Ten holiday warning signs your senior is in troubleThe holiday season may be one of the few times local families get together and realize their elderly loved ones are in deep trouble and need immediate help.
The holiday season may be one of the few times local families get together and realize their elderly loved ones are in deep trouble and need immediate help.
Adult children who don’t live nearby often come home to holiday heartbreak with deteriorating relatives they aren’t prepared to handle. So this holiday, gather the family around the kitchen table for a talk that maps out a plan to care for aging relatives.
Senior Helpers, a large in-home senior care company, advises families with the “10 Holiday Warning Signs Seniors Need Help:”
• Poor eating habits resulting in weight loss, no appetite or missed meals.
• Neglected hygiene. Wearing dirty clothes, body odor, neglected nails and teeth.
• Neglected home. It’s not as clean or sanitary as you remember growing up.
• Inappropriate behavior. Acting loud, quiet, paranoid or making phone calls at all hours.
• Changed relationship patterns that friends or neighbors have noticed.
• Burns or injuries resulting from weakness, forgetfulness, or misuse of alcohol or medications.
• Decreased participation in activities such as attending the senior center, book club or church.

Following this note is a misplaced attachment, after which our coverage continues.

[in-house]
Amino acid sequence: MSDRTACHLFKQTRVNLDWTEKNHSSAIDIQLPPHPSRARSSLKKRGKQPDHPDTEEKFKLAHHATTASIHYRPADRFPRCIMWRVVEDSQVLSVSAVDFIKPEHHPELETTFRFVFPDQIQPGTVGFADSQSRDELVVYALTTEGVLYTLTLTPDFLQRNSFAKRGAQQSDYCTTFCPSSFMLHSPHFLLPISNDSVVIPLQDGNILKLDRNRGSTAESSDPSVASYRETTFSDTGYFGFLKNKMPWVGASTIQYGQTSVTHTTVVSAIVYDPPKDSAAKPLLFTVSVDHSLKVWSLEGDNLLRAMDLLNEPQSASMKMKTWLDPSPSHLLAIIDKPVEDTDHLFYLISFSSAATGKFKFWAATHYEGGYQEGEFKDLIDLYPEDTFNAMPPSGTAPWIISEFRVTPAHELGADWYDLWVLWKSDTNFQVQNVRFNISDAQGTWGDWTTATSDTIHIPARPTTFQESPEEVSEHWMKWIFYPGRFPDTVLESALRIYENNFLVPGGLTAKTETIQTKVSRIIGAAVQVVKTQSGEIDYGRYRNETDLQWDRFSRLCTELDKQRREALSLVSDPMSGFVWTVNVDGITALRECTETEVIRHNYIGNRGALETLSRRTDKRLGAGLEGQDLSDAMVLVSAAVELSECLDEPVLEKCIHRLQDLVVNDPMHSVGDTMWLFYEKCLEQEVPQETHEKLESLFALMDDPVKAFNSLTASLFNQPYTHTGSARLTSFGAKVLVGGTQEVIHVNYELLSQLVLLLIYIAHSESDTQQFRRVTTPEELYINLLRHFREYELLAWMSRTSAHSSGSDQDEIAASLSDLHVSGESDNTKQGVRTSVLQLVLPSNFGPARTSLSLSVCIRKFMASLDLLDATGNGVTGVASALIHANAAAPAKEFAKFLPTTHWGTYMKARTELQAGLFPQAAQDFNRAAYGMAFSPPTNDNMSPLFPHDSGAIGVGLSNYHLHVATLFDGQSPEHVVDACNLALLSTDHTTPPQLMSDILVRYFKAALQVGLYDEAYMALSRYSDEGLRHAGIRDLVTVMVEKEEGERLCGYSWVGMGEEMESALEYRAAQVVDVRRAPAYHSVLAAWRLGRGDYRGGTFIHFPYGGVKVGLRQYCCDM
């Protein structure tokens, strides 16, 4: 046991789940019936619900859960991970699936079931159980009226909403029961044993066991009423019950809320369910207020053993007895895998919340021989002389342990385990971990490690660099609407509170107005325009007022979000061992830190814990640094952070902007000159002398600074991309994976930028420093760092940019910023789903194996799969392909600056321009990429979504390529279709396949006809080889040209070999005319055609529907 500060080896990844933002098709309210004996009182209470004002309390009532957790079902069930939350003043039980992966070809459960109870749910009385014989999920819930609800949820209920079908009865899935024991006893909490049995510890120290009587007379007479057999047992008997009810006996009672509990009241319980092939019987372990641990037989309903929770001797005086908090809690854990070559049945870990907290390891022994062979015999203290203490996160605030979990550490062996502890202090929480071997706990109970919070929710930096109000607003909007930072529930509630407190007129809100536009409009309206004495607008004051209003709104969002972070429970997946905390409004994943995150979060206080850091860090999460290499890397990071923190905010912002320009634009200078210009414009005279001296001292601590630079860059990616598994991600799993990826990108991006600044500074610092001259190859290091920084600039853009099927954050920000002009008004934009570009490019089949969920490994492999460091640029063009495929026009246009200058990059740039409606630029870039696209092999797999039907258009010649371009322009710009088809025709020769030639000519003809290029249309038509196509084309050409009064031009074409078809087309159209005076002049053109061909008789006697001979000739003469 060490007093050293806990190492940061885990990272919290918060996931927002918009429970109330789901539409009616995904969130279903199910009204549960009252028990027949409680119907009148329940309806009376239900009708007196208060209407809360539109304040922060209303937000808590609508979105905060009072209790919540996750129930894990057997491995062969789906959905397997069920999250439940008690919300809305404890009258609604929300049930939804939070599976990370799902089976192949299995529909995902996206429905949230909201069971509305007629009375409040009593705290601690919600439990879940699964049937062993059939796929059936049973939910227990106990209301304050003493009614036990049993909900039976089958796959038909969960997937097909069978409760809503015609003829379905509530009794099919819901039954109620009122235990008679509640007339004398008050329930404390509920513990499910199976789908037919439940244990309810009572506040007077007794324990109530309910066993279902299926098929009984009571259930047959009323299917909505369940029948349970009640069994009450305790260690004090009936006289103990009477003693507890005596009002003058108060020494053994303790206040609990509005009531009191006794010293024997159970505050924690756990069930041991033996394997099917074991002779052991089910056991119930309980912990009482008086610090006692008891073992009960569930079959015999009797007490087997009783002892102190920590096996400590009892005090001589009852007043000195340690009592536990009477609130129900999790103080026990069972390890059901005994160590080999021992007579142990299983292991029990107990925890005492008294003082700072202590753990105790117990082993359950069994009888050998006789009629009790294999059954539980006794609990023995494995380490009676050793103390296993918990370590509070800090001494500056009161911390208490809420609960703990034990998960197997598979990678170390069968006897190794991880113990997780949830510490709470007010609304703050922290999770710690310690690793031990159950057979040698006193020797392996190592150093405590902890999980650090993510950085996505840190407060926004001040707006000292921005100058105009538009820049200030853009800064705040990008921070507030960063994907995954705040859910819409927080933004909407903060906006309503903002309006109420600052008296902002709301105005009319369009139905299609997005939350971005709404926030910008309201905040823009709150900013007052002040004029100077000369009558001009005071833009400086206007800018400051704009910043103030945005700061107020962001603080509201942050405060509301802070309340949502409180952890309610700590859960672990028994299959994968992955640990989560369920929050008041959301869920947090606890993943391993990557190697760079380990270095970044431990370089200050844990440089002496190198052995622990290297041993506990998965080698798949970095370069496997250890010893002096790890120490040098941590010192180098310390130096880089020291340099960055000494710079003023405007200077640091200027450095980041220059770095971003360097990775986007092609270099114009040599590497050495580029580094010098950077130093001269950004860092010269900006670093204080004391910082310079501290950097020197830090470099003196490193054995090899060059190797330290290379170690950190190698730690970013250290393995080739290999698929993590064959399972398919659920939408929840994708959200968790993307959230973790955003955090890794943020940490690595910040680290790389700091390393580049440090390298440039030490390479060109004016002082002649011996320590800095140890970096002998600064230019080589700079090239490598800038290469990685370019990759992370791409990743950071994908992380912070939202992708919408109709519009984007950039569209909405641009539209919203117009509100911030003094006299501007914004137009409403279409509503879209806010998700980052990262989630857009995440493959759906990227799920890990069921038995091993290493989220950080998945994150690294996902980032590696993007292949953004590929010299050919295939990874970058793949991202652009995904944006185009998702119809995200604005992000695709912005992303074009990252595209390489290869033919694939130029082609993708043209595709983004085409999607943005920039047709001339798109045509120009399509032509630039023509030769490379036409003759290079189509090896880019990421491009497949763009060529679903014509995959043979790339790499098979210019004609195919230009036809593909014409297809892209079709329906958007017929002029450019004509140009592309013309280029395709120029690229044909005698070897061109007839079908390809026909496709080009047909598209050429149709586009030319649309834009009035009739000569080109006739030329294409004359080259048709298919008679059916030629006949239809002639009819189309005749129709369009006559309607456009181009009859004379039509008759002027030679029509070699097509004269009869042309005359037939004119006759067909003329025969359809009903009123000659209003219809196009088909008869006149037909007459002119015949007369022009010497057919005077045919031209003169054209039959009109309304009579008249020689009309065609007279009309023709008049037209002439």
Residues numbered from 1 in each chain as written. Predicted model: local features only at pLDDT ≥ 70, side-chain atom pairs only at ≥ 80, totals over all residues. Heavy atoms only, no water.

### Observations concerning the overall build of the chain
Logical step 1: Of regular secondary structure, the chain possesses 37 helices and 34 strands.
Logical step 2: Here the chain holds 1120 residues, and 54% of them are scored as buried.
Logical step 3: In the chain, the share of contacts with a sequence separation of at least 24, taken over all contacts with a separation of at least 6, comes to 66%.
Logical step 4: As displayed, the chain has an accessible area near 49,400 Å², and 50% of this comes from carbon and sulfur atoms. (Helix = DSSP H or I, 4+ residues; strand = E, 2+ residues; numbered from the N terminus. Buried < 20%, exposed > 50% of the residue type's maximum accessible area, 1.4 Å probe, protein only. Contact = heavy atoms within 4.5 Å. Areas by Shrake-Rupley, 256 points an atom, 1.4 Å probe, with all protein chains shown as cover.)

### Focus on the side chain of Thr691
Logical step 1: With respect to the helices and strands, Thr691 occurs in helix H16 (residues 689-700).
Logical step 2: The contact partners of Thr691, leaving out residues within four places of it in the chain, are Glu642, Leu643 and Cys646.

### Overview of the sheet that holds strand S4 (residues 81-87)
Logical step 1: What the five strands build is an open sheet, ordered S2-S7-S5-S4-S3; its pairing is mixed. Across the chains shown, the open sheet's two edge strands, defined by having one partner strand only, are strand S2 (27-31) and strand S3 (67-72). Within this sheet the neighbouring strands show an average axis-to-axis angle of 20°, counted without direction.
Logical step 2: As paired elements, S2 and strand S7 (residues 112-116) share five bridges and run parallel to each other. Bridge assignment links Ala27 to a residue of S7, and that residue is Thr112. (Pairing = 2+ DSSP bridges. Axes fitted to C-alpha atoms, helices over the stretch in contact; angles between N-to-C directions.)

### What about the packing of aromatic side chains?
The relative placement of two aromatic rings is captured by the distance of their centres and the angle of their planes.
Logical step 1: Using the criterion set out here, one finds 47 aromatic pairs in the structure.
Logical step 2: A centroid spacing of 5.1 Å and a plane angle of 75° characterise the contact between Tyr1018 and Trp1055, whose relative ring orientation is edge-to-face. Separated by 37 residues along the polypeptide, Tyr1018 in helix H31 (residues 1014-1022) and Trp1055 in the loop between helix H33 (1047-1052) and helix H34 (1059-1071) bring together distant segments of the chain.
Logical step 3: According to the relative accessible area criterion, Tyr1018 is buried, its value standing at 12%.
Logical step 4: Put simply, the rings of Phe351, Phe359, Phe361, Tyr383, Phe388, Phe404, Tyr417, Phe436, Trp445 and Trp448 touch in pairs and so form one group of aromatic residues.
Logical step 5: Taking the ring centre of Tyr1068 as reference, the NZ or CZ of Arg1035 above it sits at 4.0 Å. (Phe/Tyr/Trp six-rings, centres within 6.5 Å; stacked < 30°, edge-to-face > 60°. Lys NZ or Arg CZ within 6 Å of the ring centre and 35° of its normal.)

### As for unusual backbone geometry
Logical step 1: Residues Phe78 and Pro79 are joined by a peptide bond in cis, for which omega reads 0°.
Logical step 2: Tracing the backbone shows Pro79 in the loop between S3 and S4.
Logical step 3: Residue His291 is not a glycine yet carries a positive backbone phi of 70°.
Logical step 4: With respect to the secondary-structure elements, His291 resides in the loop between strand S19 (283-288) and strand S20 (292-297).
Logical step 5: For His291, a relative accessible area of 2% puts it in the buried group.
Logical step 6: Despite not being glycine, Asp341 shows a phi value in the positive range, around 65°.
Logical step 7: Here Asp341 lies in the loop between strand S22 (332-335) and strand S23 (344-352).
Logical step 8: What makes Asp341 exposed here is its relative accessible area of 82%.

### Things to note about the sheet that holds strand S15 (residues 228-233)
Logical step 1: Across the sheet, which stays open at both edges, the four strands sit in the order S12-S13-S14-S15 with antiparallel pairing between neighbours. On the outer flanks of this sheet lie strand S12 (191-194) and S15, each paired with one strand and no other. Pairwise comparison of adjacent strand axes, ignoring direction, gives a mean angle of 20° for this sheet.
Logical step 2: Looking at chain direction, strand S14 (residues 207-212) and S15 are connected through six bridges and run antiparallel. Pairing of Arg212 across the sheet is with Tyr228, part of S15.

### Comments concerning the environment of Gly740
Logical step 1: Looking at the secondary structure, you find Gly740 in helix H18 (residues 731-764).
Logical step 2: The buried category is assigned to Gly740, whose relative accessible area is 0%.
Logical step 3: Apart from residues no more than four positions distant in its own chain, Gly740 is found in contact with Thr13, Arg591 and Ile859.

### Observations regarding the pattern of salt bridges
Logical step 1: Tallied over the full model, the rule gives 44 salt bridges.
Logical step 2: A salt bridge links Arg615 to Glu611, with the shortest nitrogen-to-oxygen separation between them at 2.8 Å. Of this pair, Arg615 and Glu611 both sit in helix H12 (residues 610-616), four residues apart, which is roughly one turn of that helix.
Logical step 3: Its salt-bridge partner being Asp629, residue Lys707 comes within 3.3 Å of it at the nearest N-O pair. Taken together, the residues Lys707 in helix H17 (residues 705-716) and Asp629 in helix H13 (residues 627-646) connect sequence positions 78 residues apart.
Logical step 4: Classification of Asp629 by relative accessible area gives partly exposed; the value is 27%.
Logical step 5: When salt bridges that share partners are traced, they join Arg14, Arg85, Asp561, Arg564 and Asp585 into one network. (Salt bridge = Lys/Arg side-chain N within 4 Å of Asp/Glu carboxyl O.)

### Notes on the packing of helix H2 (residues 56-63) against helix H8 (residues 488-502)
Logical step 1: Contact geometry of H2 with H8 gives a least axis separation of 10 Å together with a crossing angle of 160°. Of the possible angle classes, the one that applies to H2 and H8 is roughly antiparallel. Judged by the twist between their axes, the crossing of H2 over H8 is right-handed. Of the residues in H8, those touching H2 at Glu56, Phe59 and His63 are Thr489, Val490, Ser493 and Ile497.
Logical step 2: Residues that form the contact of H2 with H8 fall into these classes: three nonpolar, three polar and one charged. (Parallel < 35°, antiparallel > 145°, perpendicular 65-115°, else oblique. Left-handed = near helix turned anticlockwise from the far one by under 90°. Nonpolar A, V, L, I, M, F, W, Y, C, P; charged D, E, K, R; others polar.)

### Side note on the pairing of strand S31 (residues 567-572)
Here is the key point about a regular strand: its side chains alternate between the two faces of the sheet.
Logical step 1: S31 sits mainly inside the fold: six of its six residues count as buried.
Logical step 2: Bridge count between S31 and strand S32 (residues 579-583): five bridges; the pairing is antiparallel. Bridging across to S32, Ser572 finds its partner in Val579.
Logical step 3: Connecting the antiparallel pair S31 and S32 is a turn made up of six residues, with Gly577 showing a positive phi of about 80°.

• Scorched pots and pans showing forgetfulness for dinner cooking on the stove.
• Unopened mail, newspaper piles, missed appointments.
• Mishandled finances such as losing money, paying bills twice, or hiding money.
Senior Helpers also offers a holiday family meeting guide to help people discuss the major sticking points:
• The person leading the meeting can be the elderly relative who anticipates needing care in the future. If that person already needs care, an adult child, friend or relative can lead.
• Encourage discussion and get input from everyone. Make sure everyone makes their feelings known.
• Discuss money. Who will pay? How? If the money is coming from the elderly relative’s estate, who will be the executor?
• At the end of the meeting, everyone present must commit to support the plan.
• Write it down. Good intentions are often forgotten over time and family members must have their responsibilities right in front of them.